Kwan, who had won the bronze medal, tearfully and elegantly skated to Eva Cassidy’s haunting, deeply spiritual rendition.
Eva Cassidy died in 1996, from melanoma, the most deadly form of skin cancer. Her music was little-known during her 33 years of life, with the exception of those into the music scene in the Washington, D.C. area.
Today, Eva Cassidy’s soul-stirring voice is reaching people all over the world, and she’s been a top selling artist in the United Kingdom for some time.
The Top 100
In November 2008, Rolling Stone released its list of those considered to be the 100 greatest singers of all time. The top 20 were Aretha Franklin, Ray Charles, Elvis Presley, Sam Cooke, John Lennon, Marvin Gaye, Bob Dylan, Otis Redding, Stevie Wonder, James Brown, Paul McCartney, Little Richard, Roy Orbison, Al Green, Robert Plant, Mick Jagger, Tina Turner, Freddie Mercury, Bob Marley, and Smokey Robinson. The list also included Johnny Cash and Hank Williams, Muddy Waters and B.B. King, Dusty Springfield, Joni Mitchell, Karen Carpenter, Van Morrison, and the more names you saw, the more you thought of that should be included. Reading the list triggers thoughts of greatness and feelings of things that inspire a singer to risk ridicule and rejection for the sake of a song.
“I recommend a smorgasbord of singers for all kinds of reasons,” Zuke said. “Cecilia Bartoli…Tiny Tim…Kate Bush…Inuit Throat Singing…Eduard Khil…Ethel Merman…Dean Martin…Shreya Ghoshal…Nana Mouskouri…there are just too many to mention! But they are all true to themselves.”
For Zuke, being true to your unique gift is the key to real singing success.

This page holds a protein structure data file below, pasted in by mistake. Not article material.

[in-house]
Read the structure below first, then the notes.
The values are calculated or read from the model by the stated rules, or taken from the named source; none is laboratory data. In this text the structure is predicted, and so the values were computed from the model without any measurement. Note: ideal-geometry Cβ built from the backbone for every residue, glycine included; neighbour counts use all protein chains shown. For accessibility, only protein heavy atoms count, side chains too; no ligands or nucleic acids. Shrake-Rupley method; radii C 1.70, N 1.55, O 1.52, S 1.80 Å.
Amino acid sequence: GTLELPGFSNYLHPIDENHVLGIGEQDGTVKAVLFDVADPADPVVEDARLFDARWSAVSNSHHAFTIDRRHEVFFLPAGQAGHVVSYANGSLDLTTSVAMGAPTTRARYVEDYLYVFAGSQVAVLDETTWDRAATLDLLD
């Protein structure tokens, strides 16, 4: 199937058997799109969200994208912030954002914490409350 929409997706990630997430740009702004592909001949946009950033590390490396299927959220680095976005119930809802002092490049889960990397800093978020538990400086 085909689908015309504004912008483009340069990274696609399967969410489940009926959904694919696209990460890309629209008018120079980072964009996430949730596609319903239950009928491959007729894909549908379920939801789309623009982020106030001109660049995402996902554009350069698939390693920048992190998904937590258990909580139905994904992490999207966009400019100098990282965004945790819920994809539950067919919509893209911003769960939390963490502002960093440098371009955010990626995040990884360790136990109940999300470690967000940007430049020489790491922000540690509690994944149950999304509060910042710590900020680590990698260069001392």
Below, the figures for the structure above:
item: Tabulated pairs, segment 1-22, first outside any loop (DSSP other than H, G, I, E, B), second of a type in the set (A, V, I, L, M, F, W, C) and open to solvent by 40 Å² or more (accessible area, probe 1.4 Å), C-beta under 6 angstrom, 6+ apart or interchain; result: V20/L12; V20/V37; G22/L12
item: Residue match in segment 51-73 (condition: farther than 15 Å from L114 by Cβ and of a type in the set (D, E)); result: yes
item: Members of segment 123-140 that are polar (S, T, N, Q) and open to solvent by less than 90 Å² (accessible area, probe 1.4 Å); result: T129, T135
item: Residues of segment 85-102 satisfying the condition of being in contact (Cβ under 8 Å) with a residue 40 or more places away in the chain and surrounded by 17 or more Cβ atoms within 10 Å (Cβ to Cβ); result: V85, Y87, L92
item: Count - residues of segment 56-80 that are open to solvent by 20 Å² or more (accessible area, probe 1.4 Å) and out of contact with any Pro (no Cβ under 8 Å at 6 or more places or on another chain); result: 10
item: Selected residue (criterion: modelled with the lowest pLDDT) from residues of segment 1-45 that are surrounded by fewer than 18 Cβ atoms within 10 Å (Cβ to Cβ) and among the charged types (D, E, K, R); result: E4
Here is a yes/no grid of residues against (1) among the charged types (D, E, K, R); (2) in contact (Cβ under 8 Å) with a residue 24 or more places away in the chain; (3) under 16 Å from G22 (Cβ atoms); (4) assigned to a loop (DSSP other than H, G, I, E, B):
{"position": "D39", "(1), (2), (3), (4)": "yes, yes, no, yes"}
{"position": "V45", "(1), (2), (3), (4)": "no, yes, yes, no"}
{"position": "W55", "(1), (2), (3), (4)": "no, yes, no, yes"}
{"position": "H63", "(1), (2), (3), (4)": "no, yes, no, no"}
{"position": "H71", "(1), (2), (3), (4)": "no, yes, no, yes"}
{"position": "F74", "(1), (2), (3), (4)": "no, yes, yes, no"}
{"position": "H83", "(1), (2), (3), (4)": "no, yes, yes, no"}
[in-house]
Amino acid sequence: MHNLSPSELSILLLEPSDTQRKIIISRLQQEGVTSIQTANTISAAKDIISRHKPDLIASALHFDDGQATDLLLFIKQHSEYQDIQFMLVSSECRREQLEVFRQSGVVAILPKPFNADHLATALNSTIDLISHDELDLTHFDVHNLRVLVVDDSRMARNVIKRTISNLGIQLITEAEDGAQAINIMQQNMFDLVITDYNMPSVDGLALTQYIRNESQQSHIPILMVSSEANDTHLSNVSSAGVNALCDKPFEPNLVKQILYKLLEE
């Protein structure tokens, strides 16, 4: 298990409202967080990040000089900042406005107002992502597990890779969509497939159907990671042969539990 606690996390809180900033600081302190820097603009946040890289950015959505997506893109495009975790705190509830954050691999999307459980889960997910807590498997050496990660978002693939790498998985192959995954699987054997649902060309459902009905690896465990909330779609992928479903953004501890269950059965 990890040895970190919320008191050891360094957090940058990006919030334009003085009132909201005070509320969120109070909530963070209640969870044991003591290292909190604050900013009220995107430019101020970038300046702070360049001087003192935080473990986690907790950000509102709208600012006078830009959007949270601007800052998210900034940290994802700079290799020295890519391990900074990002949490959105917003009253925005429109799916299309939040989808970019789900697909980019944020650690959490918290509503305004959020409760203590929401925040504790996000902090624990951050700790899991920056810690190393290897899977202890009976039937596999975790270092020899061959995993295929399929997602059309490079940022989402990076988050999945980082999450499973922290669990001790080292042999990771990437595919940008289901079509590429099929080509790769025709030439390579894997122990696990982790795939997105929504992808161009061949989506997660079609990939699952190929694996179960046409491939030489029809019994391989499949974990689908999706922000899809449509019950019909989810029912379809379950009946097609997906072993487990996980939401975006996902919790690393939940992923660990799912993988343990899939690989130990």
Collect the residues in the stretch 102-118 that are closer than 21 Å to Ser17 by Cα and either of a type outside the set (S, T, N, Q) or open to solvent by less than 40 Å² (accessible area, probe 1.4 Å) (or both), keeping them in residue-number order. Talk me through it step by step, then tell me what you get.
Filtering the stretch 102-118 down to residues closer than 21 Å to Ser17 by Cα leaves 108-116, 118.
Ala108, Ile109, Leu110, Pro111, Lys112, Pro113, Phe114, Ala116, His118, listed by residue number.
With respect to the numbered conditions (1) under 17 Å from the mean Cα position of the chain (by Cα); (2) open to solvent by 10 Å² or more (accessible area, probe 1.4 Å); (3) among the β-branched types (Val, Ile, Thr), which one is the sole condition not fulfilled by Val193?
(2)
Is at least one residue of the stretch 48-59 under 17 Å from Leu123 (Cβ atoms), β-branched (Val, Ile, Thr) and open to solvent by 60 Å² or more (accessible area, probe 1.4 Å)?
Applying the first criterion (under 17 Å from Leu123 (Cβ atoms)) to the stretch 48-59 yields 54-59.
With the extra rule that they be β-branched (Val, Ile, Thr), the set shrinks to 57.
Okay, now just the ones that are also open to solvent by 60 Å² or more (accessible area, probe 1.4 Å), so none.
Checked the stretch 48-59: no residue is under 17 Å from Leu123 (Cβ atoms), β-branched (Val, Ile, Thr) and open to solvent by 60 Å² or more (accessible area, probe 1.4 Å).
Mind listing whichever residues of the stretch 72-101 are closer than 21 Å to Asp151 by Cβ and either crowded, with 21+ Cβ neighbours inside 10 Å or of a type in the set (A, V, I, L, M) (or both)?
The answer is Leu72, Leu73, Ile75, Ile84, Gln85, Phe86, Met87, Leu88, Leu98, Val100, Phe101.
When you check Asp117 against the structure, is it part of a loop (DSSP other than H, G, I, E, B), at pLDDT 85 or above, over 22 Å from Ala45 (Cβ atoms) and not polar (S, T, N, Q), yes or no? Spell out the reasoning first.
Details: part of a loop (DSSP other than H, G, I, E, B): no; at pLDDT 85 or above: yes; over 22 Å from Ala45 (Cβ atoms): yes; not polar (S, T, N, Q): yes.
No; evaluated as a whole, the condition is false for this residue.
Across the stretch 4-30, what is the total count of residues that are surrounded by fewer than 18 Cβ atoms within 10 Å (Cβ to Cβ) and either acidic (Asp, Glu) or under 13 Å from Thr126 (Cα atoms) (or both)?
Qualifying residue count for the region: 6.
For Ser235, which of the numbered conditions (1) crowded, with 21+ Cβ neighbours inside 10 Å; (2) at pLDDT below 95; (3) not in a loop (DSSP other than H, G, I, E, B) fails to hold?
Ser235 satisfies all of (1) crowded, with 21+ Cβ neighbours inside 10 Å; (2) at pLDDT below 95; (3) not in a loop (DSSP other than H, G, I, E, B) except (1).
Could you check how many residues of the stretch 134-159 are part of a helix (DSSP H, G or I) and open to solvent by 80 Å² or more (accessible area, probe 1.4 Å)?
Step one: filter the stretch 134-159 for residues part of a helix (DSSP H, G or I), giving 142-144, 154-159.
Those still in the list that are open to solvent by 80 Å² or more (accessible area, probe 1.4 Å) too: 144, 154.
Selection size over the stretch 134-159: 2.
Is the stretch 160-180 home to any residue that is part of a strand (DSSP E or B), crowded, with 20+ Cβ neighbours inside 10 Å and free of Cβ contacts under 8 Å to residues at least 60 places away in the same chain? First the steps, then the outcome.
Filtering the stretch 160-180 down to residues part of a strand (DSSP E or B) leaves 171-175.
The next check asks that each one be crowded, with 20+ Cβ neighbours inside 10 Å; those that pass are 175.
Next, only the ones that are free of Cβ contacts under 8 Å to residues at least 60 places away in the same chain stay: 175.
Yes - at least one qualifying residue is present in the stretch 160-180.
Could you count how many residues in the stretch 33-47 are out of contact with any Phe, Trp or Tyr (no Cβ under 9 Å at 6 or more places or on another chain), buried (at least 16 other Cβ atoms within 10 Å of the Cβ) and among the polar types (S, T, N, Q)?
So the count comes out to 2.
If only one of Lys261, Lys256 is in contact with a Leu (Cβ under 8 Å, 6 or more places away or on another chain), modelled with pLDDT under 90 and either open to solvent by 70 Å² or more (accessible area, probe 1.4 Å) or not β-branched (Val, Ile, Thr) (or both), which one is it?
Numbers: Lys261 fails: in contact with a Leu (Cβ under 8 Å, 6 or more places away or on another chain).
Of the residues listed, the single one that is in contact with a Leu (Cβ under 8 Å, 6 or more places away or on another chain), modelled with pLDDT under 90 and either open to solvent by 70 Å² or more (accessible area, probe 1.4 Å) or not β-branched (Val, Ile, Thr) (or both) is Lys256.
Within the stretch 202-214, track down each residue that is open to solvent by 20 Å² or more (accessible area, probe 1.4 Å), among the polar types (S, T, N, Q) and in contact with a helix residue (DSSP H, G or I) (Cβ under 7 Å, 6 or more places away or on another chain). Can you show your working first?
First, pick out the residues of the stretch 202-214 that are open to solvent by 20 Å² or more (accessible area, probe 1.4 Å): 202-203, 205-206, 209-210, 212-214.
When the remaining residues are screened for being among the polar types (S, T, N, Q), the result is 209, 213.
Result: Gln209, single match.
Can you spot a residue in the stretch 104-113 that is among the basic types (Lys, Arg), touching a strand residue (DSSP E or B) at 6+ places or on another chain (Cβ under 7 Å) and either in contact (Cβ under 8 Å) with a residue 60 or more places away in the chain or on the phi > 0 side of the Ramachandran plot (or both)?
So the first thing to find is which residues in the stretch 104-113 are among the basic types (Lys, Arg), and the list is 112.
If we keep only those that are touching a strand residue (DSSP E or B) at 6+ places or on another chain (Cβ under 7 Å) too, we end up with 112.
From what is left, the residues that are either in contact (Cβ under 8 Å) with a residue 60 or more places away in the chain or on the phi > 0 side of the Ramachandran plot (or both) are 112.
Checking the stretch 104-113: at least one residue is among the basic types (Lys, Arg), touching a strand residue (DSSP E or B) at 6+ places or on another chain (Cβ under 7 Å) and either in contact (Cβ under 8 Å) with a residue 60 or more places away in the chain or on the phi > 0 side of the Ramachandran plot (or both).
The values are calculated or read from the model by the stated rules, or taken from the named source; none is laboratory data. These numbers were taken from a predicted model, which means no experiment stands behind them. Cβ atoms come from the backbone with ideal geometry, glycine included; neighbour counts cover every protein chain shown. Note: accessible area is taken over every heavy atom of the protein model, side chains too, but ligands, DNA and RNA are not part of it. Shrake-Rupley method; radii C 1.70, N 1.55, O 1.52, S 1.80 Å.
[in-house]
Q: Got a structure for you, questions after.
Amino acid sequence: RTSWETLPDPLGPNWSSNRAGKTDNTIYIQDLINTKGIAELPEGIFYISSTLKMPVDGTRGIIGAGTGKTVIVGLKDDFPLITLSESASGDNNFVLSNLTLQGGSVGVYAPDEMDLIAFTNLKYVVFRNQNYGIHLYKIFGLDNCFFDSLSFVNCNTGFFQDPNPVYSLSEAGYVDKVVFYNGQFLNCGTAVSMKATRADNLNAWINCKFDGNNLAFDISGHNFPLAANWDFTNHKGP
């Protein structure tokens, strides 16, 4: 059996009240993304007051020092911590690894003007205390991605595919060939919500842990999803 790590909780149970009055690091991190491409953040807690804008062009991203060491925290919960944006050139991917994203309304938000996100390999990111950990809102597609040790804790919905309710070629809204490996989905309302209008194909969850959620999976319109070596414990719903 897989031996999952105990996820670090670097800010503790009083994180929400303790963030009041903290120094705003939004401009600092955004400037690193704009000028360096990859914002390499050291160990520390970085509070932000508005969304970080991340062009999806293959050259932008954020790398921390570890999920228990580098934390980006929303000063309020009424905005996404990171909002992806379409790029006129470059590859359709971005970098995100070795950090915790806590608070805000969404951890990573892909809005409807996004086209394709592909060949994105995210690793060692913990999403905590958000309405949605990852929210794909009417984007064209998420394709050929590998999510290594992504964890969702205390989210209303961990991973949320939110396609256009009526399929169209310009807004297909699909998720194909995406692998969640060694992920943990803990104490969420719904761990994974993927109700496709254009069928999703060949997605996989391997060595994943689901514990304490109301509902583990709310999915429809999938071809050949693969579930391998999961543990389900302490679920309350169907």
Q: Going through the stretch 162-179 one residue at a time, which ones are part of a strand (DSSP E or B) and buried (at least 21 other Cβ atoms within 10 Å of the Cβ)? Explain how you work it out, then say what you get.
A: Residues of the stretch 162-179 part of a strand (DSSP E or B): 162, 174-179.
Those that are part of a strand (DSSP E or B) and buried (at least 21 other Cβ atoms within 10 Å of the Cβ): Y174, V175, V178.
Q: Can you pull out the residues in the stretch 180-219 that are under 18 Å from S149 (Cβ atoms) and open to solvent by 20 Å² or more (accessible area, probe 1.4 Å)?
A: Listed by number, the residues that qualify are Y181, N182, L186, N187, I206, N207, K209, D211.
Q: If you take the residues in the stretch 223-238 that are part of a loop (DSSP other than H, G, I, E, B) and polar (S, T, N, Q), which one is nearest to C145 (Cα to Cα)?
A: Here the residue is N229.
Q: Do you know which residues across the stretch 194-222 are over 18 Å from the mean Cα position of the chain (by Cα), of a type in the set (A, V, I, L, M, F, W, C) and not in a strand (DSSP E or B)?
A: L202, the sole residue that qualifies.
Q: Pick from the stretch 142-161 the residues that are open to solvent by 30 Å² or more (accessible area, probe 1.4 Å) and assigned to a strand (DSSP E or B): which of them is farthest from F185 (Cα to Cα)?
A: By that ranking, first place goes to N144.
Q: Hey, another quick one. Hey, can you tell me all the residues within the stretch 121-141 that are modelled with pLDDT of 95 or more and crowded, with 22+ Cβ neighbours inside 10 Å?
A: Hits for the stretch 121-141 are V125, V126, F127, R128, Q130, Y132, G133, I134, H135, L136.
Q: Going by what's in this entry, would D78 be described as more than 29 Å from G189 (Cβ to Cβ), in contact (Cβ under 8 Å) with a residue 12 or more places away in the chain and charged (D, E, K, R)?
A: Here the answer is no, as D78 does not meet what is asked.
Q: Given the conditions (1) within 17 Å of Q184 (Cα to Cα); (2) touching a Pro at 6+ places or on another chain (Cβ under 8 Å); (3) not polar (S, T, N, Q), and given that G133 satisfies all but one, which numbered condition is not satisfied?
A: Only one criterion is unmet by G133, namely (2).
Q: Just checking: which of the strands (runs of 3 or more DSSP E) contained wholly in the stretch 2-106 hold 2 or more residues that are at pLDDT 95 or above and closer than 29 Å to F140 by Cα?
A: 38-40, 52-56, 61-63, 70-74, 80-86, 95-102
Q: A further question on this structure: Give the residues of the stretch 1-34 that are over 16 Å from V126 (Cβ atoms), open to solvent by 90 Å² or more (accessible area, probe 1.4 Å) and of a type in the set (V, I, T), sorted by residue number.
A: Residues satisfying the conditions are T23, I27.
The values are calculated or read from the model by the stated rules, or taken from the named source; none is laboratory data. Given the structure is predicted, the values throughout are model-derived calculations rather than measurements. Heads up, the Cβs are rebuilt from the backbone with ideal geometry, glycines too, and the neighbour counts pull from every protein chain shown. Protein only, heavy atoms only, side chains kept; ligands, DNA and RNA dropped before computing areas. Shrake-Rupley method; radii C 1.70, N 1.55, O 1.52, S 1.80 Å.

Brett Manning Enhances
Brett Manning and his trained certified associates honor the unique giftedness of each individual. The goal is not to change your voice. The number one objective is to enhance the voice so that the gift is opened, engaged, and shared to its fullest and highest.
So look for opportunities to hone your craft while serving your community and study your singing role models for inspiration, and to further refine or define your image or sound.
Set High Standards
Share your performance stories with others at singingsucces.tv via the forums and talk about what criteria determines the greatness of a singer. Set high standards for yourself and use your role models and heroes as points of reference, aspirations, and encouragement. Check out the YouTube videos for Singing Success and make a daily commitment to use the tools provided by Brett Manning and his associates to deliver the promised full potential of your unique singing success.
To learn more about Brett Manning Associate and vocal coach Shelby Rollins, visit http://www.brettmanningstudios.com/coaches. Shelby Rollins is available for vocal lessons either in-person in Nashville, over the phone, or via Skype. Please email firstname.lastname@example.org or call (615) 866-1099 to inquire about or schedule a lesson!
Deborah “Zuke” Smith
Zuke is a renowned music copyist, piano teacher, songwriter, vocal coach, and self-proclaimed “East coast chick,” who credits Brett Manning’s Singing Success with not only saving her life but forever changing it for the very best it can be. In 2000 she was diagnosed with breast cancer and braved the brutal battery of tests, surgeries, chemotherapy, post chemo drug regimen and physical therapy. She believes that Brett Manning’s programs and method are absolutely essential to bringing out the full potential in any voice. Visit her website at www.ZukeTunes.com